There is no way I could get through the summer months in Texas without refreshing, healthy drinks. Kombucha, a fermented tea and sugar concoction, is one of my favorites. The good news is that Kombucha also happens to be a super nutritious thyroid and autoimmune elixir — it’s full of B vitamins, vitamin C, enzymes for digestion, acids to boost the immune system, and gut-healing probiotics.
I recently was given a Jun kombucha culture and decided to replicate the flavor of one of the most popular store brands: GT Synergy’s Trilogy flavor, a combination of raspberry, ginger, and lemon. The result was a nutritious, refreshing, and super cheap healing drink!
Note that one of the questions I receive on a regular basis is, “Is kombucha safe for people dealing with thyroid disease, Hashimoto’s, candida overgrowth, or other autoimmune diseases?” The answer is: yes and no. If you know (or suspect) you are dealing with a real SIBO (small intestinal bacterial overgrowth), or candida/yeast overgrowth, kombucha MAY make the problem worse. This is due to the presence of wild yeasts in the culture (called a SCOBY) as well add the minimal alcohol that is a result of fermentation. If you are at the height of your yeast problem, avoid kombucha until you start detoxing and releasing the yeast in your body. However, if you don’t feel like yeast could be a real problem for you, try drinking 1/3 or so of a store-bought plain (ie: no sugar or flavor added) kombucha and see how your body handles it by tracking any symptoms. Also note that properly fermented drinks should contain little to no sweetener because the bacteria will convert it into sour lactic acid. So in general, kombucha is a healthy, healing drink but for some people with massive yeast or SIBO issues, it should be avoided until further gut-healing is done.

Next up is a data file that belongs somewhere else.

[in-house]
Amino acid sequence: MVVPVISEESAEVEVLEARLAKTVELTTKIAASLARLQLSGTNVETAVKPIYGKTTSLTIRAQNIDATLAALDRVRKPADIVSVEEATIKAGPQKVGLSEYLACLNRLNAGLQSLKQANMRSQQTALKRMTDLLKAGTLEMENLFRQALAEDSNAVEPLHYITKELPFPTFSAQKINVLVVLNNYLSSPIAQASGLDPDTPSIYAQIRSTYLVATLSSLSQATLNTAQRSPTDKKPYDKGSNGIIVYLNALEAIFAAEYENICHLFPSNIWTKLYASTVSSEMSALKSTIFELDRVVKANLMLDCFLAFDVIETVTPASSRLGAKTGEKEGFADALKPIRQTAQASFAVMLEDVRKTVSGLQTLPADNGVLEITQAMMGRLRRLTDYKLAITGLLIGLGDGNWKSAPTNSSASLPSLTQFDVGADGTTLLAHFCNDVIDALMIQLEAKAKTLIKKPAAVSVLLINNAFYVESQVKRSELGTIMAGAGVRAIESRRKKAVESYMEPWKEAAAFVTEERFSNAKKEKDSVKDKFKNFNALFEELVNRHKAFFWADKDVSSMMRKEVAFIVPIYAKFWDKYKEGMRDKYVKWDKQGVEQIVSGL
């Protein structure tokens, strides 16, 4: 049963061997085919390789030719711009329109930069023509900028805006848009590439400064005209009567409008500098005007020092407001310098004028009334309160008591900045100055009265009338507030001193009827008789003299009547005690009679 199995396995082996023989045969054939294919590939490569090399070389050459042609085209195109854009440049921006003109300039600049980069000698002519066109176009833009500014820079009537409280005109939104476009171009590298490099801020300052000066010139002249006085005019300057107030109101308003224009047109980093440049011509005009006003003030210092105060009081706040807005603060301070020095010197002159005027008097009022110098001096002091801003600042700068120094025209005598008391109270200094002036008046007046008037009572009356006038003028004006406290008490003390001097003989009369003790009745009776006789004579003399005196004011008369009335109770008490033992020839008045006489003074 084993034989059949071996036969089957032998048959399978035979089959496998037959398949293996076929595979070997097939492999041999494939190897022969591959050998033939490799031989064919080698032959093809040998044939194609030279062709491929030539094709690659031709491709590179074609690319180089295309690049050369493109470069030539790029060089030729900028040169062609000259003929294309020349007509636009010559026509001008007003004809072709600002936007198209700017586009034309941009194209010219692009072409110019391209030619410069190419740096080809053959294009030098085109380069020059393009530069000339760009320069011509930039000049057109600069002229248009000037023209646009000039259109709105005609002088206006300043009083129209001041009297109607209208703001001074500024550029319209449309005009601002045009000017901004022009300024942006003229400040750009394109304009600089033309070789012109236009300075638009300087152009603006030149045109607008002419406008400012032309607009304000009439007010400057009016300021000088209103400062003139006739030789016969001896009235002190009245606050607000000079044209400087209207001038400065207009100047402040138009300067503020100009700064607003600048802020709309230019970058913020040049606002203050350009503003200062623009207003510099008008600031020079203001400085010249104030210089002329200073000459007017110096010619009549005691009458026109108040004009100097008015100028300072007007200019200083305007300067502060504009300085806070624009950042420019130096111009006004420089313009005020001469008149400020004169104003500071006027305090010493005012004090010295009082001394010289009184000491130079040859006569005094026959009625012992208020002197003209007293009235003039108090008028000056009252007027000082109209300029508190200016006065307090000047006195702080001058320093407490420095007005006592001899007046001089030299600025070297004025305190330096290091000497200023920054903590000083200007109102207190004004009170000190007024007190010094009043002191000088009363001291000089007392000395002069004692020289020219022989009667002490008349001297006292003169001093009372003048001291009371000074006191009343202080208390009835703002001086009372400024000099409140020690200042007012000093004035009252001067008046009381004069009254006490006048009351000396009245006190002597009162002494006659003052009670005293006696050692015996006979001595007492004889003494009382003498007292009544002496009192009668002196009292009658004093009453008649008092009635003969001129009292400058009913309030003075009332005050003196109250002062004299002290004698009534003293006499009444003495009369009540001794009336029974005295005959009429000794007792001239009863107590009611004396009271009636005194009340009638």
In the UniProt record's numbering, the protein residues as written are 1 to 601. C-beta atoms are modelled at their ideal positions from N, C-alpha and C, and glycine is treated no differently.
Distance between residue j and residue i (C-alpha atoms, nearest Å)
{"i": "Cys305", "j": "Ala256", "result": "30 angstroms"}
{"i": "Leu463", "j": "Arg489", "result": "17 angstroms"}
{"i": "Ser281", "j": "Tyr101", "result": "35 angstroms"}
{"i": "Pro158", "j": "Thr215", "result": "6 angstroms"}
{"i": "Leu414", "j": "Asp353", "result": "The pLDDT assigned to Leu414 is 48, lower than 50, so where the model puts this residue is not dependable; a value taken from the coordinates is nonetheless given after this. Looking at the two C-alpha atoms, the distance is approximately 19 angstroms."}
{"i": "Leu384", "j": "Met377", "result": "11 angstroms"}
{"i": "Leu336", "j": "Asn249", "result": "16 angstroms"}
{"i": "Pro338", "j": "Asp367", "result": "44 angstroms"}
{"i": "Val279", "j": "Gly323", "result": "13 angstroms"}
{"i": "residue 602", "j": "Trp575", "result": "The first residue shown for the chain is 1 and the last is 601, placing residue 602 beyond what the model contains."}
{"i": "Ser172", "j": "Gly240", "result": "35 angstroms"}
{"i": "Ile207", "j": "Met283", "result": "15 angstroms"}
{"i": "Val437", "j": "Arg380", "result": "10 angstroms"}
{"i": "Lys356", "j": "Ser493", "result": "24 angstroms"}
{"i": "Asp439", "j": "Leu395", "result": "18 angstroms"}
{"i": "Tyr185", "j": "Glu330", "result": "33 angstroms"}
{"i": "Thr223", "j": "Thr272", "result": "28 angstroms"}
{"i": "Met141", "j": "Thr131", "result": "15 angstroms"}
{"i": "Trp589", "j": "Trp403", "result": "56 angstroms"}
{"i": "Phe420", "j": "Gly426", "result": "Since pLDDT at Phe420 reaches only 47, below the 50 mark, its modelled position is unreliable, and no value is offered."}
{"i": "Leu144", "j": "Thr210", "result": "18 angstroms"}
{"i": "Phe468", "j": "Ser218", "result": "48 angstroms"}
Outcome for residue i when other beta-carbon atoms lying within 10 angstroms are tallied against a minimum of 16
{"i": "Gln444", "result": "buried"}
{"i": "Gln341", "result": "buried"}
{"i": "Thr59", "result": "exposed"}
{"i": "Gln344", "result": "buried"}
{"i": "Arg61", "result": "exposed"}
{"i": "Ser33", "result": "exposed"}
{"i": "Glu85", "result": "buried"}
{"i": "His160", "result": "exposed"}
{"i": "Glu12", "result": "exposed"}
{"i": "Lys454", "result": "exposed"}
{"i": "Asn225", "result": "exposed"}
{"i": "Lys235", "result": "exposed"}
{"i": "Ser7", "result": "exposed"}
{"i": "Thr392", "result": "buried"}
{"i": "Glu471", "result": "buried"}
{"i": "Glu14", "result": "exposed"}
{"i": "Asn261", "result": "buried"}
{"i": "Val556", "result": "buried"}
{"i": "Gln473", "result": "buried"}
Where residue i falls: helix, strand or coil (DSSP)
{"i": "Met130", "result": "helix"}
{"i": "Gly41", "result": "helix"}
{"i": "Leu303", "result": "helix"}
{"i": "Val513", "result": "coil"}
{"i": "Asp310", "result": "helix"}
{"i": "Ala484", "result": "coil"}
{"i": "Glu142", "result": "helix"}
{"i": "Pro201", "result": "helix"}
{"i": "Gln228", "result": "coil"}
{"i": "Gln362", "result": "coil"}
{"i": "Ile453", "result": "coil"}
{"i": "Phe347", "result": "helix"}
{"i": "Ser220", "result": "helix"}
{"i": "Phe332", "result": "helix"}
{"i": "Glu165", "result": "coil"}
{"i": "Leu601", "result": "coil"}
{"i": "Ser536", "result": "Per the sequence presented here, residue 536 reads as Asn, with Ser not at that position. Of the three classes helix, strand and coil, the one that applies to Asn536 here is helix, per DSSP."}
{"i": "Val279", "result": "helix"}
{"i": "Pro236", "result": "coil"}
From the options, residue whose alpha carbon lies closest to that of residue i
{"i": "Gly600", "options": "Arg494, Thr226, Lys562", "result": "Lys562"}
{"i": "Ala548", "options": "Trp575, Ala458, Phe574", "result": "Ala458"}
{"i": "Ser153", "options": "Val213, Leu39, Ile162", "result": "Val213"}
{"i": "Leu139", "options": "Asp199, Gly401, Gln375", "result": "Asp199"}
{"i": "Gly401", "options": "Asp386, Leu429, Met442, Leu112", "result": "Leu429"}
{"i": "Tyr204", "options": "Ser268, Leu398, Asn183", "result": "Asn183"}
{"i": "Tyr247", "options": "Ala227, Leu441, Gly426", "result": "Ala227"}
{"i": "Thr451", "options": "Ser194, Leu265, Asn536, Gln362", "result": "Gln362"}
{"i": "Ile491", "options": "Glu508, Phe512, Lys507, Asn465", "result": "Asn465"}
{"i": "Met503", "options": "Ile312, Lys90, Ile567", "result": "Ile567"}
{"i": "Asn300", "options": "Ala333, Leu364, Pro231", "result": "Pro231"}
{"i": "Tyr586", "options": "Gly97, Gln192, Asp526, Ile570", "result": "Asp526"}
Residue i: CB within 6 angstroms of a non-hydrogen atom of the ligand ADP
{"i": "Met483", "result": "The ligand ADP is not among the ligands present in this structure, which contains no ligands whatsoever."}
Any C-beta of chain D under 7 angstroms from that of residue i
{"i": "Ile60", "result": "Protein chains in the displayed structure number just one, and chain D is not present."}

Also note that, because this is made with a Jun SCOBY, and uses green tea, it may be better for the immune system of those dealing with Hashimoto’s, over black tea.
“Trilogy” kombucha (with Jun SCOBY)
Ingredients (to make approx. 1 gallon of liquid):
1 SCOBY culture (I used a Jun which likes green tea and honey, but you could also use a traditional black tea and sugar SCOBY)
1 cup raw honey
1 gallon of filtered water
4 bags organic green tea
Approx. 1/1.5 cup (give or take) of leftover/reserved kombucha from last batch (use a store-bought unflavored kombucha if you do not have any leftover liquid from a previous batch)
6 T frozen organic raspberries
3 t chopped organic ginger
6 t organic fresh-squeezed lemon juice
Large plastic spoon (do not use metal with your SCOBY, it could kill or damage it)
Large glass jar (large enough to hold a little over approximately one gallon of liquid)
Approximately 3-4 glass jars for bottling to flavor kombucha (I like large grolsch-style jars)
1. Brew tea bags in filtered water, allowing to steep to full strength. Cool to room temperature.
2. Add tea to large glass jar (large enough to hold approximately one gallon of liquid), add honey and stir until well combined. Add leftover kombucha liquid and SCOBY to jar as well.
3. Cover and secure with kitchen towel to allow air to escape but keep out pests and dust.
4. Ferment on countertop for 3-10 days, depending on the temperature of your home and how quickly the SCOBY sours the liquid. Taste and smell to determine if the liquid is sour.
5. After 3-10 days, pour fermented kombucha from large gallon jar into smaller grolsch jars using funnel. Leave about 2 inches of space at top of jars to allow for expansion.
6. To flavor, add 2 T frozen raspberries, 1 t ginger, and 2 t lemon juice to each bottle, respectively.
7. Allow to ferment for another 1-4 days to flavor and carbonate the kombucha (or more, depending on your preference and the temperature of your home; the longer you ferment/flavor it, the more sour it will be).
8. Refrigerate, pour into a glass or over ice and enjoy!
Other flavor ideas:
Blueberry and ginger
Strawberry (would be yummy with lime)
Mango juice or puree
Cantaloupe (with mint would be yummy!)
Watermelon (mint would be great here too!)
Orange (this is a great use for leftover orange peel that would normally get thrown away)
Orange juice (fresh squeezed)
Lemonade (made with extra lemon juice)
Grapefruit and basil